(WASHINGTON) — The Biden administration on Tuesday unveiled the first 10 prescription drugs that will be subject to price negotiations with Medicare, marking a milestone for Democrats in their yearslong push to lower rising health care costs.
The list includes Jardiance, Xarelto, Januvia, Farxiga, Entresto, Enbrel, Imbruvica, Stelara, Fiasp and NovoLog.
President Joe Biden, in a statement, said the medications are “among the most common and costly prescriptions that treat everything from heart failure, blood clots, diabetes, arthritis, Crohn’s disease — and more.”
“For far too long, Americans have paid more for prescription drugs than any major economy. And while the pharmaceutical industry makes record profits, millions of Americans are forced to choose between paying for medications they need to live or paying for food, rent, and other basic necessities,” Biden said. “Those days are ending.”
The impact won’t be immediately felt, however, as the negotiations will occur this year and next with the new prices becoming effective in 2026.
The Medicare Drug Price Negotiation Program is a result of the Inflation Reduction Act, one of Biden’s key legislative victories. It allows the government to directly broker with drug manufacturers for the first time in the history of the program, which provides health insurance coverage to 65 million people, including 57 million seniors.
Biden will deliver remarks in the East Room of the White House on Tuesday afternoon to mark the occasion. There, the White House said he will be joined by a Medicare beneficiary who relies on prescription medications to treat chronic conditions.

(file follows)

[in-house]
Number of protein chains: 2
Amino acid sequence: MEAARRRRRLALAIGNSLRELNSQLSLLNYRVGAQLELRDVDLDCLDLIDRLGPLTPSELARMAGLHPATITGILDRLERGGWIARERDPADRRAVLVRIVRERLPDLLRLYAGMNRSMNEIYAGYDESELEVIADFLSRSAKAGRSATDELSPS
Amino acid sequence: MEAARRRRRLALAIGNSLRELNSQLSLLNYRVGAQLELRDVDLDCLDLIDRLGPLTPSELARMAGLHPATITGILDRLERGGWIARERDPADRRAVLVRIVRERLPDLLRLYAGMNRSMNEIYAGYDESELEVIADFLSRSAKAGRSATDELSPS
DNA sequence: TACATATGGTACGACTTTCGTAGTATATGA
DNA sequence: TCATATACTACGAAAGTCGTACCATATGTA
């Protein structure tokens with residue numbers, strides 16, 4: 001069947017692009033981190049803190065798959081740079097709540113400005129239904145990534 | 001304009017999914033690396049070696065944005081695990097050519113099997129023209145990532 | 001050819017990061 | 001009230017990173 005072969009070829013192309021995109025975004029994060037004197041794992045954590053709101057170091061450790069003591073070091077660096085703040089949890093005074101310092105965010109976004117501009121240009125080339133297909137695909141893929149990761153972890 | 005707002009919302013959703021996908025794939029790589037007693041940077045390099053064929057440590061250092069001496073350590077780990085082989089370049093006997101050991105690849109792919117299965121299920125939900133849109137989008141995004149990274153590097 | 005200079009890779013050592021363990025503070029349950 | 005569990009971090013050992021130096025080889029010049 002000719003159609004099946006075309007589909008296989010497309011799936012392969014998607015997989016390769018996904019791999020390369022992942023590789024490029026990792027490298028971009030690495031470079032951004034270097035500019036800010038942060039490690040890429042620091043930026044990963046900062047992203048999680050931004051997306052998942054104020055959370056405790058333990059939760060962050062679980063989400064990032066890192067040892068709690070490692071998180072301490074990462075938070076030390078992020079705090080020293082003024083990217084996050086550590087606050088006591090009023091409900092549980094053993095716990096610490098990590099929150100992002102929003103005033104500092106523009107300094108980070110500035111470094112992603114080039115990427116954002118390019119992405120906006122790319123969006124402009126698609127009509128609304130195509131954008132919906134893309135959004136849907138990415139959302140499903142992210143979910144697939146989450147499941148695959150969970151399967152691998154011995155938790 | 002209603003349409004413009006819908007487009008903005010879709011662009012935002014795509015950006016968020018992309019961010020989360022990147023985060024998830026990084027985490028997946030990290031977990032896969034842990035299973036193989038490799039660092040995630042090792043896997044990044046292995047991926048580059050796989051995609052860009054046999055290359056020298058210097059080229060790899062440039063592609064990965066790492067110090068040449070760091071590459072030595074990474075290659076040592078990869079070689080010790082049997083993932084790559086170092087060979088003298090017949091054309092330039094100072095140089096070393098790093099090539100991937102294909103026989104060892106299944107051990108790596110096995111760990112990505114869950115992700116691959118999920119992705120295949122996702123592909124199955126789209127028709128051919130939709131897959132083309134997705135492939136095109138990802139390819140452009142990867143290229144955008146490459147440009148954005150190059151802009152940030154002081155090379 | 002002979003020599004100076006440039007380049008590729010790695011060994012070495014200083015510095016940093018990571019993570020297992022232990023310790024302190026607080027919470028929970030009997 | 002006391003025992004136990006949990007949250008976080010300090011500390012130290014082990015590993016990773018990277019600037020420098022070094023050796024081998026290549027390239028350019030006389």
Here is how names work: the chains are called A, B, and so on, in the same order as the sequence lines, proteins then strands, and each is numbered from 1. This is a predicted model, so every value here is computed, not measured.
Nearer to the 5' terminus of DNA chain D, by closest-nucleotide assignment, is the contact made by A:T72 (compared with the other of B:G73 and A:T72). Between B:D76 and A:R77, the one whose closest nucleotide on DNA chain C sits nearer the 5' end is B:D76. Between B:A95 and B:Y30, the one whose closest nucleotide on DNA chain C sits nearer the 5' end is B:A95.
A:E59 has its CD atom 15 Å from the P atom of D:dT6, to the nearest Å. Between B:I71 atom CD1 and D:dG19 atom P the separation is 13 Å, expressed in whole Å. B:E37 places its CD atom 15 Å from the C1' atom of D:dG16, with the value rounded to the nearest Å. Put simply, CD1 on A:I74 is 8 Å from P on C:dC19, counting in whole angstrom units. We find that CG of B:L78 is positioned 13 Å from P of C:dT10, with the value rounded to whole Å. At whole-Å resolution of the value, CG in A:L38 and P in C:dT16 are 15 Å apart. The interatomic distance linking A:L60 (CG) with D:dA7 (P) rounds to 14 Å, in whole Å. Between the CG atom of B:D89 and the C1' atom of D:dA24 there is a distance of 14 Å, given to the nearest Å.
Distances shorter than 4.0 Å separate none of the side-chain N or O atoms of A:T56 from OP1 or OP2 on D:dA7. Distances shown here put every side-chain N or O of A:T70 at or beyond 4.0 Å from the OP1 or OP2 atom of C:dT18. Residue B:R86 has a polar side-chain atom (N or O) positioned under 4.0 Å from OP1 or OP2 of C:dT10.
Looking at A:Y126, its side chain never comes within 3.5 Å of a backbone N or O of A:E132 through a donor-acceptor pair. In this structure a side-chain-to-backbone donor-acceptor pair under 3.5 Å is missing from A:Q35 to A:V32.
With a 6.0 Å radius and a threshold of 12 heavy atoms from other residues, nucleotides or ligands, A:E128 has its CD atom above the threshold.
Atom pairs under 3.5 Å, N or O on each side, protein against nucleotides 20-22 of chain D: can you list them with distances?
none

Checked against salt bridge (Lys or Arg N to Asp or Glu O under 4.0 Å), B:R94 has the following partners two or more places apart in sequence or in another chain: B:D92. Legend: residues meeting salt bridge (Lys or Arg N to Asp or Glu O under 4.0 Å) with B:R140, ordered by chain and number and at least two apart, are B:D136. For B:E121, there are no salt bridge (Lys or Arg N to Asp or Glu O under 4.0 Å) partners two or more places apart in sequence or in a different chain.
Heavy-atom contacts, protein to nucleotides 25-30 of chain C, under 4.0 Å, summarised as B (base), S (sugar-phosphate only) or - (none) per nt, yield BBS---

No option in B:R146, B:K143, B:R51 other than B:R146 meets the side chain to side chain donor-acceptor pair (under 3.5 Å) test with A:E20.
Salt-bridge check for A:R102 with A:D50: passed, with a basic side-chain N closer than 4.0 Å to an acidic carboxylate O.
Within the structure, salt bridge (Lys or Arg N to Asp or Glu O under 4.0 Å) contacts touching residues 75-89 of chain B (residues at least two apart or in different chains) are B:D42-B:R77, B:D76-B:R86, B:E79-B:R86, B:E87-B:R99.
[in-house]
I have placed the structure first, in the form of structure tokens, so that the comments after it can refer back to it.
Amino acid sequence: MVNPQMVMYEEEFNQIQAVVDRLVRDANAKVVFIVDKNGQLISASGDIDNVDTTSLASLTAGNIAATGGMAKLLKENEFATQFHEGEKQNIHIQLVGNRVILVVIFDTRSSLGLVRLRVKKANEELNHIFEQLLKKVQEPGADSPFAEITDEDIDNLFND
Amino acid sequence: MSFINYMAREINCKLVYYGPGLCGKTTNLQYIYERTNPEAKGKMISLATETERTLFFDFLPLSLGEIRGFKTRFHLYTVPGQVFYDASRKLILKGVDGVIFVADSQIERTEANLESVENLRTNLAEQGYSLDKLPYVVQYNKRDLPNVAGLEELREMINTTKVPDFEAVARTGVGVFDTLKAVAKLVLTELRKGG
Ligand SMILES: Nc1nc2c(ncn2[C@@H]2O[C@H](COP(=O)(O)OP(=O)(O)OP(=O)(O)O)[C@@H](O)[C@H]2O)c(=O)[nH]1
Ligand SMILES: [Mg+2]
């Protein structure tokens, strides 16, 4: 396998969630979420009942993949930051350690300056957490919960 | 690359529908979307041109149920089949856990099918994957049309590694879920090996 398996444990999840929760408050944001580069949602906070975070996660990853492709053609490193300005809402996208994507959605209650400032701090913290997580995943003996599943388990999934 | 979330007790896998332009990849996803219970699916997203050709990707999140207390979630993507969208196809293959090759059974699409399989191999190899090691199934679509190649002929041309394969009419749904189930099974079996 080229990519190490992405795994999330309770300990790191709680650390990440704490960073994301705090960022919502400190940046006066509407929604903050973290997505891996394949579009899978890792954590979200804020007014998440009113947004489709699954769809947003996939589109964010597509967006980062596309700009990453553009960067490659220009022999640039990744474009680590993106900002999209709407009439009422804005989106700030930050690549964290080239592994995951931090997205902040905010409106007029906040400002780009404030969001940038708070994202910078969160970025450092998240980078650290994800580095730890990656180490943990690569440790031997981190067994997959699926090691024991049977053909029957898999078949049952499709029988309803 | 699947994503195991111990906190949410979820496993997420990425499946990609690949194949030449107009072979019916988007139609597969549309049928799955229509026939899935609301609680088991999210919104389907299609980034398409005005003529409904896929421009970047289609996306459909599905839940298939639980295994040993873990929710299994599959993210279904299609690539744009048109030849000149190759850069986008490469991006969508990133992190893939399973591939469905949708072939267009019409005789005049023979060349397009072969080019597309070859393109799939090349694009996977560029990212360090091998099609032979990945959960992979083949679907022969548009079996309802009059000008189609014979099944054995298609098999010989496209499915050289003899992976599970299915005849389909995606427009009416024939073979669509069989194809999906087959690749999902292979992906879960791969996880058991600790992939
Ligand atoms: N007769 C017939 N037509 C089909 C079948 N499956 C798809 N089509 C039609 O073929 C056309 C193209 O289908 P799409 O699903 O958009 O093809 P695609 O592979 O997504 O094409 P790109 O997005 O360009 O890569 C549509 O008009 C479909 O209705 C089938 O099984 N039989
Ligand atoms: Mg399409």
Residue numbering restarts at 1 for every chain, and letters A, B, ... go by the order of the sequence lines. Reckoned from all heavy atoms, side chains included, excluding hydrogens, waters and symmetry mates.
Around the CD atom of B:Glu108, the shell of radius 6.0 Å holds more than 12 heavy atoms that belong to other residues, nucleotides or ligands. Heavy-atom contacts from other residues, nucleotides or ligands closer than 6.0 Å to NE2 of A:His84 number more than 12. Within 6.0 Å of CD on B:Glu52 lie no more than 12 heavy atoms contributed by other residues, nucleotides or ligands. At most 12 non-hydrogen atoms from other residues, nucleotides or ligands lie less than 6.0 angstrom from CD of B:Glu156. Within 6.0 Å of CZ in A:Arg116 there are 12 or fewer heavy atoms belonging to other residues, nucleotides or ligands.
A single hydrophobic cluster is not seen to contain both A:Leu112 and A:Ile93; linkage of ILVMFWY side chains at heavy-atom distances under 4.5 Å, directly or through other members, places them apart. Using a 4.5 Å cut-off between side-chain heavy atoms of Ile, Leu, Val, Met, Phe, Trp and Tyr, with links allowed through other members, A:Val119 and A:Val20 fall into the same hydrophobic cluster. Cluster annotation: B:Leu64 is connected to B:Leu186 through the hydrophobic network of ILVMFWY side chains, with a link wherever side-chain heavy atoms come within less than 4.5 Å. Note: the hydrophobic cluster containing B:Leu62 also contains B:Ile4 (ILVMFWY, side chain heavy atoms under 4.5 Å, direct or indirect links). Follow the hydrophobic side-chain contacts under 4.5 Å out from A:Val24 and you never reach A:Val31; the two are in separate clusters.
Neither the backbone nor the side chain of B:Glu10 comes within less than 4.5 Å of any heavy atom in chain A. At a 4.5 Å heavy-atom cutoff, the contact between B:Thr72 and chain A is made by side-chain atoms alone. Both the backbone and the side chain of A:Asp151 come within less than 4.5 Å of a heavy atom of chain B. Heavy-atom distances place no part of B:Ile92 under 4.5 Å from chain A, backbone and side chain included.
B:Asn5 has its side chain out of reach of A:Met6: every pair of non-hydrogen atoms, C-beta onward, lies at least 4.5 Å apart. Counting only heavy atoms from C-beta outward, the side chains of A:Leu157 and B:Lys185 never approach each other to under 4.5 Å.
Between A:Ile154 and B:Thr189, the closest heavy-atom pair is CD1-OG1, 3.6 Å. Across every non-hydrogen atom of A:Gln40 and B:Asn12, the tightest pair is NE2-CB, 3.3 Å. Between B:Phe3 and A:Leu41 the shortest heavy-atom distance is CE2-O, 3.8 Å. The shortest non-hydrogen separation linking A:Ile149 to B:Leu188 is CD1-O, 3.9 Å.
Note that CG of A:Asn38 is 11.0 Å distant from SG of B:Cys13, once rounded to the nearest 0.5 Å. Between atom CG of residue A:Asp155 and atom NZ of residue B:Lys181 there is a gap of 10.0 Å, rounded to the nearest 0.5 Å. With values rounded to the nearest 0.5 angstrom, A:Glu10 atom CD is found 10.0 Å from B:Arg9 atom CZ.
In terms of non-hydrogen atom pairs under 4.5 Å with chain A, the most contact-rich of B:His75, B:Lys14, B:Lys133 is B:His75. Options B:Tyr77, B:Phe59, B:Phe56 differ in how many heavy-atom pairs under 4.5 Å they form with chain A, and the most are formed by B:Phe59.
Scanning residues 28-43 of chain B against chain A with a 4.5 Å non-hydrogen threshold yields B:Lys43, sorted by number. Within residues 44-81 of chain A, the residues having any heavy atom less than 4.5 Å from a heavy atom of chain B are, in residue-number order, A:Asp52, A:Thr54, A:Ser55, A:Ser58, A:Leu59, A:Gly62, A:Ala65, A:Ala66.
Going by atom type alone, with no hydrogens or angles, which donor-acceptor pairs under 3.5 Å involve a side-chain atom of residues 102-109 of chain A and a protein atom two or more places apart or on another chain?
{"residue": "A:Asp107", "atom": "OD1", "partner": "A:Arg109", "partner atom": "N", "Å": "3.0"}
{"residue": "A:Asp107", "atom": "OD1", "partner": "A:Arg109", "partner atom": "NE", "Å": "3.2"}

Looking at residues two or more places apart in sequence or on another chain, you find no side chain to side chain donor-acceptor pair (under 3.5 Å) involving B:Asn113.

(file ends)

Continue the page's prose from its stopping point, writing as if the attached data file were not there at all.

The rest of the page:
Medicare enrollees taking the 10 drugs selected for negotiation paid a total of $3.4 billion in out-of-pocket costs for the medications in 2022, according to the Department of Health and Human Services.
Under the Inflation Reduction Act, the federal government can select up to 15 more drugs for negotiation in 2027, another 15 drugs for 2028 and up to 20 more drugs each year after.
President Biden, in a nod to his 2024 reelection message, said taking on “Big Pharma” is part of his “Bidenomics” vision of building the economy from the middle out and bottom up.
“Let me be clear: I am not backing down,” Biden said on Tuesday. “There is no reason why Americans should be forced to pay more than any developed nation for life-saving prescriptions just to pad Big Pharma’s pockets.”
The drug industry, in response to the announcement, hit back on the program.
“Giving a single government agency the power to arbitrarily set the price of medicines with little accountability, oversight or input from patients and their doctors will have significant negative consequences long after this administration is gone,” Pharmaceutical Research and Manufacturers of America (PhRMA) President Stephen J. Ubl said in a statement.
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